26. Design: Time I (N = 637) Subjects receive: RBA, SAM, CES-D Eligibility: 18 to 35 years of age; recruited via flyers, newspaper, respondent driven methods; used XTC at least 5 x LT; once in past 12 months Time II Random assignment (1:2) (N=305) (N=305) Subjects receive: RBA SAM Subjects receive: RBA SAM (SCAN) Clinical Interview (N=295)

  27. Characteristics of Tri-City Study of Ecstasy Dependence

  28. Sir Bradford Hill’s Criteria for Causal Inference Should be Used to Decide on Acceptance of Revisions to Criteria • Consistency of findings, replicability • Strength of the association • Dose-response or biological gradient • Temporal sequence • Biological plausibility • Specificity of findings

  29. Sir Bradford Hill’s Criteria for Causal Inference Should be Used to Decide on Acceptance of Revisions to Criteria • Consistency of findings, replicability • Strength of the association • Dose-response or biological gradient • Temporal sequence • Biological plausibility • Specificity of findings

  30. “Adopted” DSM-IV Criteria for Ecstasy Abuse

  31. “Adopted” DSM-IV Criteria for Ecstasy Dependence

  32. “Adopted” DSM-IV Ecstasy Use Disorder

  33. Tolerance and Ecstasy • 31% found in Verduin et al study. • 50% found in Tri-city study, Bradford et al study. (9% tolerance only; 49% along with withdrawal) • Subtype with both tolerance and withdrawal most prevalent (41%); w/d only 28%; neither 22% and tolerance only 9%. • Those with both were more likely to meet criteria for dependence (+/- abuse); least likely to meet abuse only, use more pills lifetime and have youngest age of onset of Ecstasy use

  34. Test/Re-test • Abuse criteria: kappas between 0.58 and 0.77 • Dependence criteria: kappas between 0.51 and 0.75.

  35. St. Louis Design: Sub-study Group B (St. Louis): Do not meet withdrawal criteria from SAM (time 1) interview, N=75 Sub-study A (St. Louis): Meet withdrawal criteria from SAM (time 1) interview, N=75 Time I (N = 300) Subjects receive: RBA SAM Eligibility: 18 to 35 years of age; recruited via flyers, newspaper, chain referral methods Time II Random assignment (1:2) (N=150) (N=150) Subjects receive: RBA SAM Subjects receive: RBA SAM Random assignment (1:3) Random assignment (1:3) (SCAN) Clinical Interview (N=150) (N=25) (N=25) Ethnographic Sub-study (N=50)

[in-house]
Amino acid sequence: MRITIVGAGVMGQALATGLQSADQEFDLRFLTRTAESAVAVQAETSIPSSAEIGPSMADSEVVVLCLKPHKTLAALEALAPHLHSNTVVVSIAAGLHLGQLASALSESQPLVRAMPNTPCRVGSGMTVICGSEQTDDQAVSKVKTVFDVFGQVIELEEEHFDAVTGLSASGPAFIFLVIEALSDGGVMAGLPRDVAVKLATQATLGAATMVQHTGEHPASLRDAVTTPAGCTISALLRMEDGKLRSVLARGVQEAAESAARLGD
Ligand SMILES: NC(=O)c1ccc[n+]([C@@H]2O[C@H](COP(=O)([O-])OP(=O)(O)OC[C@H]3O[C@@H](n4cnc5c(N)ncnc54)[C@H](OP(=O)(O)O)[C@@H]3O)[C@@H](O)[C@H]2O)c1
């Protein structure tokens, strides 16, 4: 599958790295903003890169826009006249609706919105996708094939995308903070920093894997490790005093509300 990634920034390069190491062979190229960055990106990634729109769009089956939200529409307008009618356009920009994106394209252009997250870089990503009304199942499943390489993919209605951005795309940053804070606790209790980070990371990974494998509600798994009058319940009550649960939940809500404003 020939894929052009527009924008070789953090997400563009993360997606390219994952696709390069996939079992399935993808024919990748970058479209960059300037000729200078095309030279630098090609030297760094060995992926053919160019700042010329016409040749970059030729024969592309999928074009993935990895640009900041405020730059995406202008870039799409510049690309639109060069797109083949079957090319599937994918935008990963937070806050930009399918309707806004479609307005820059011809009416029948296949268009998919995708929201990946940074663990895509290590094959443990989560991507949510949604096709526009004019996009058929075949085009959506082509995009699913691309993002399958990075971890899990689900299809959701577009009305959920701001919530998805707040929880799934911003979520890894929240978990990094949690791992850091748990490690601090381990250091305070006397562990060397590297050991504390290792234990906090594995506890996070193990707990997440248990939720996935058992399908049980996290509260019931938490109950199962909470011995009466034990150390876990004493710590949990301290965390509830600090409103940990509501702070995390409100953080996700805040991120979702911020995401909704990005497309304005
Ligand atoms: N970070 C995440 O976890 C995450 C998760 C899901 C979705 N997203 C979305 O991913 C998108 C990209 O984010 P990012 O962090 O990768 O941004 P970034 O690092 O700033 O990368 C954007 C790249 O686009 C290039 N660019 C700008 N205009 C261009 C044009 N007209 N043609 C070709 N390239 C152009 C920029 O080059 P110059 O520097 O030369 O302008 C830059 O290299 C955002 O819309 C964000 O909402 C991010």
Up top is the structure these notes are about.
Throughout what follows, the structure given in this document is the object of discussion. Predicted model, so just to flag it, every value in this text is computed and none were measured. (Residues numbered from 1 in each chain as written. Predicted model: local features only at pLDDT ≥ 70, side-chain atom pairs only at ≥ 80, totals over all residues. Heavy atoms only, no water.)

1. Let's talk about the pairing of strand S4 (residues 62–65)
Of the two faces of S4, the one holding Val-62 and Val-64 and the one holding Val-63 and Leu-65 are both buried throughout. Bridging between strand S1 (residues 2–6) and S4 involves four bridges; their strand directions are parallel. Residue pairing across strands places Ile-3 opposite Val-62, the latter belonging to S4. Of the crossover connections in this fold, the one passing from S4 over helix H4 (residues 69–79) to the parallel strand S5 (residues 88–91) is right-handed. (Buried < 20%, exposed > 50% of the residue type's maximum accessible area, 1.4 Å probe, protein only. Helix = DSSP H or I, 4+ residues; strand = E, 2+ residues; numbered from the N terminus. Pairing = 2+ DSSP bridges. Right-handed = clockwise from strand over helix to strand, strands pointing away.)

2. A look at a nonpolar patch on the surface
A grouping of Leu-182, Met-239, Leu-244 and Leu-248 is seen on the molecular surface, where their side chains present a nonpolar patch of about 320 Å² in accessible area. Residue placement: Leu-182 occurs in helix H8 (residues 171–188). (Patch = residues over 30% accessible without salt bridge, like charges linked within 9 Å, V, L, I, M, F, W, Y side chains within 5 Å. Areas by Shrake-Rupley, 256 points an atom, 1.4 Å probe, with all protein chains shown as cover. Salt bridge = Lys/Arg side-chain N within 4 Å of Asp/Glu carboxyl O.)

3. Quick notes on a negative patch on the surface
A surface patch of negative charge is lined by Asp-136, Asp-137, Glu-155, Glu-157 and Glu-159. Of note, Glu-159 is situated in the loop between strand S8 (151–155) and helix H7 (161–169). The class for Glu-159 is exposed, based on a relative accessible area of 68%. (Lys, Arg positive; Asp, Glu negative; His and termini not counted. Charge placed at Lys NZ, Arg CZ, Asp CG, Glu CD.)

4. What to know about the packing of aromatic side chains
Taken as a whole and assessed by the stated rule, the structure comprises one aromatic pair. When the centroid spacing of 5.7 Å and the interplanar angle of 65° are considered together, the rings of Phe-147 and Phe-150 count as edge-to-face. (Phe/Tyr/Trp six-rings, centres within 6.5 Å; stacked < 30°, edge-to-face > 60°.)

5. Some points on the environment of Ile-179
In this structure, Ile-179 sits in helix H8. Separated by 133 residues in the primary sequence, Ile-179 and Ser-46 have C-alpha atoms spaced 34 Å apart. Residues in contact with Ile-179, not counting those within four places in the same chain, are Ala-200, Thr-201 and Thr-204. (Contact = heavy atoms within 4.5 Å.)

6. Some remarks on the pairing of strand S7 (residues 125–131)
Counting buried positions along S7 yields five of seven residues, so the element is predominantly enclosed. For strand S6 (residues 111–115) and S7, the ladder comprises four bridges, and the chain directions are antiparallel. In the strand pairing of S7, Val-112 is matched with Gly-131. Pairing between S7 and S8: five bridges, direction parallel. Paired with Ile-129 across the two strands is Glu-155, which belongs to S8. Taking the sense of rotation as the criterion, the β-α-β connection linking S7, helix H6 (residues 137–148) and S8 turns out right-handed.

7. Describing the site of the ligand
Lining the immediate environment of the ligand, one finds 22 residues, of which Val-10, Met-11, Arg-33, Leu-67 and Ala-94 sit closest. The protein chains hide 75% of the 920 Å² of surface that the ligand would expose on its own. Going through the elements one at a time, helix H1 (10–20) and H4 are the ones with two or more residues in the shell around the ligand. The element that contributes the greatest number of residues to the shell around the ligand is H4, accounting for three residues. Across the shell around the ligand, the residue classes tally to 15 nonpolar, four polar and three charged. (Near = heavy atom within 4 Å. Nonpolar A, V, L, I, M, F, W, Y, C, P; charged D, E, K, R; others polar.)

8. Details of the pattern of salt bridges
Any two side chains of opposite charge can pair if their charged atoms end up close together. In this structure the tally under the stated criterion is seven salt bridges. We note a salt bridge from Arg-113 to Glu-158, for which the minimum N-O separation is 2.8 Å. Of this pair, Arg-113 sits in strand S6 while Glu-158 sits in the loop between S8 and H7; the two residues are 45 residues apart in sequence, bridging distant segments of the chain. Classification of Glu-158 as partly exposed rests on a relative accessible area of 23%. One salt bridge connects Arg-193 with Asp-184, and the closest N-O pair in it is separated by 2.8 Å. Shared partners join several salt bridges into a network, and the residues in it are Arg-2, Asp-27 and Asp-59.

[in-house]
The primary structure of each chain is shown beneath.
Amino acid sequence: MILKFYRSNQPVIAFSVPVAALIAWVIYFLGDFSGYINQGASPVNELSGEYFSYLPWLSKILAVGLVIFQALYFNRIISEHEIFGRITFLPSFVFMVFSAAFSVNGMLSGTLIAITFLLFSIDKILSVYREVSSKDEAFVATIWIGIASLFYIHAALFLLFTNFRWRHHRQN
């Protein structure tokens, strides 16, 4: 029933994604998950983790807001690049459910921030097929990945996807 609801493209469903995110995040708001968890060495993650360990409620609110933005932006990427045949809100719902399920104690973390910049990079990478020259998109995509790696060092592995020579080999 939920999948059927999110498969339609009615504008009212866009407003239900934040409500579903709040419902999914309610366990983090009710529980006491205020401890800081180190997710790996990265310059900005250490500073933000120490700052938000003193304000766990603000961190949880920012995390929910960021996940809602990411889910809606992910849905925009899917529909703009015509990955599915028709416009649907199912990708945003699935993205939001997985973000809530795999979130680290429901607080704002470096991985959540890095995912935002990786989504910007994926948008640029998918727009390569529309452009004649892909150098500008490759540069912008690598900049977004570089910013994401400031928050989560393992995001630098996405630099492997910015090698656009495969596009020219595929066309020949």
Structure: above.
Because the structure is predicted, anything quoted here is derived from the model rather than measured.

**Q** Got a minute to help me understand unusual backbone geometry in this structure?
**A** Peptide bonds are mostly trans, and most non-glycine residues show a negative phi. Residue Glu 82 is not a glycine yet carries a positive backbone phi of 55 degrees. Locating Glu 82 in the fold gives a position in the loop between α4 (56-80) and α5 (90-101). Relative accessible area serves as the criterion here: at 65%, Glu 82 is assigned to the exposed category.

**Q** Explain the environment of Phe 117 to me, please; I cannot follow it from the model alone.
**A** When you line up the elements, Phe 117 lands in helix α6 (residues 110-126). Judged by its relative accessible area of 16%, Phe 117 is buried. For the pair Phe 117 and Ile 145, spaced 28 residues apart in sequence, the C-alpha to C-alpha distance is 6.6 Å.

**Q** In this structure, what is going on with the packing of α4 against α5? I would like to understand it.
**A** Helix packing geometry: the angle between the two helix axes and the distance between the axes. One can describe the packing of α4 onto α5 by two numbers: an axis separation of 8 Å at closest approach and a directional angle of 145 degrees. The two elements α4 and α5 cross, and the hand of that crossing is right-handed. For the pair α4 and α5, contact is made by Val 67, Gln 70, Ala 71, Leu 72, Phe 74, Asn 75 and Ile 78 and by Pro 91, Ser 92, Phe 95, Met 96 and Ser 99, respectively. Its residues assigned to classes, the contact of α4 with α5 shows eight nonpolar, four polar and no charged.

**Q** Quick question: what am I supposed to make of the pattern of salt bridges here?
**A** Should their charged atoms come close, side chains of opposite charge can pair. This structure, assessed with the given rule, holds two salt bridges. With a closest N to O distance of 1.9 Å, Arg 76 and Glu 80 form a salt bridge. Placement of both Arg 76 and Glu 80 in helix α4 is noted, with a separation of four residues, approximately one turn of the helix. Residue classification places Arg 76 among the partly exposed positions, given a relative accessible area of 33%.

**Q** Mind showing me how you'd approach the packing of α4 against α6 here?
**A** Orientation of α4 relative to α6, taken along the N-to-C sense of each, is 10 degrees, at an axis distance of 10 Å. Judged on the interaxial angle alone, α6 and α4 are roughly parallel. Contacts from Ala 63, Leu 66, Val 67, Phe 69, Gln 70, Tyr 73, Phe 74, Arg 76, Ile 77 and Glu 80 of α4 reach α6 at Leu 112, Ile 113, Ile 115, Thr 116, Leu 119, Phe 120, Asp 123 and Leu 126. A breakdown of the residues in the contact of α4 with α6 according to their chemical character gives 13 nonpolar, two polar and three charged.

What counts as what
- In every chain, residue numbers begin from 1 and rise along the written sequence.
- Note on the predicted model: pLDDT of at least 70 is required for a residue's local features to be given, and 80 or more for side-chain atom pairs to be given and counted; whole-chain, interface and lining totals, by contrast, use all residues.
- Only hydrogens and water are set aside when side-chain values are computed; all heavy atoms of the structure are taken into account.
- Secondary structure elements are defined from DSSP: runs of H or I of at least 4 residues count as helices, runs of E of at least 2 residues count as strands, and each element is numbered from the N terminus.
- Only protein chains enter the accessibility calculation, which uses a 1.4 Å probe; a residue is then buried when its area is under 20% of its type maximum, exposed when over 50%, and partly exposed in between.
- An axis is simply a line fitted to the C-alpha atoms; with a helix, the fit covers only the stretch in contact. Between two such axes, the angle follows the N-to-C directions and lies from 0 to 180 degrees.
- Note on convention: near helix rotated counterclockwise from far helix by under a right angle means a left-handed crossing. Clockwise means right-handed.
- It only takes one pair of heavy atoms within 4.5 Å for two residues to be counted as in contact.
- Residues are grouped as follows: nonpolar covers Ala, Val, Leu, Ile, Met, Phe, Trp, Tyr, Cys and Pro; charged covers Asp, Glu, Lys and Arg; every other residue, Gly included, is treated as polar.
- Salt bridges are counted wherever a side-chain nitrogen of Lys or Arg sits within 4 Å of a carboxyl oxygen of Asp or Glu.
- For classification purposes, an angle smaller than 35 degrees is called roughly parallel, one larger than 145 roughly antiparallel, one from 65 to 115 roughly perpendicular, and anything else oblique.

36. Sir Bradford Hill’s Criteria for Causal Inference Should be Used to Decide on Acceptance of Revisions to Criteria • Consistency of findings, replicability • Strength of the association • Dose-response or biological gradient • Temporal sequence • Biological plausibility • Specificity of findings

  37. How to Obtain Dosage • RBA questions: • “If you were to add up all of the ecstasy pills you have used since you first started using ecstasy, about how many pills would that be?” • “How many days have you used ecstasy in the last 30 days?” • “During these days [when you used], how many times a day did you usually use ecstasy or MDMA?”

  38. Patterns of Lifetime Ecstasy Use

  39. “Adopted” DSM-IV Abuse Criteria by Pill Use p<.0001 p<.0001 p<.0001 p<.0001

  40. “Adopted” DSM-IV Dependence Criteria by Pill Use p=.0014 p<.0001 p<.0001 p<.0001 p<.0001 p<.0001 p<.0001

  41. Sir Bradford Hill’s Criteria for Causal Inference Should be Used to Decide on Acceptance of Revisions to Criteria • Consistency of findings, replicability • Strength of the association • Dose-response or biological gradient • Temporal sequence • Biological plausibility • Specificity of findings

  42. Effects • Positive: mental stimulation, emotional warmth, empathy towards others, general sense of well-being, decreased anxiety • Negative/Undesirable: anxiety, agitation, recklessness, nausea, chills, sweating, muscle cramping, blurred vision, jaw clenching, dehydration, high blood pressure, heart failure, kidney failure, arrhythmia, loss of consciousness, seizures, hyperthermia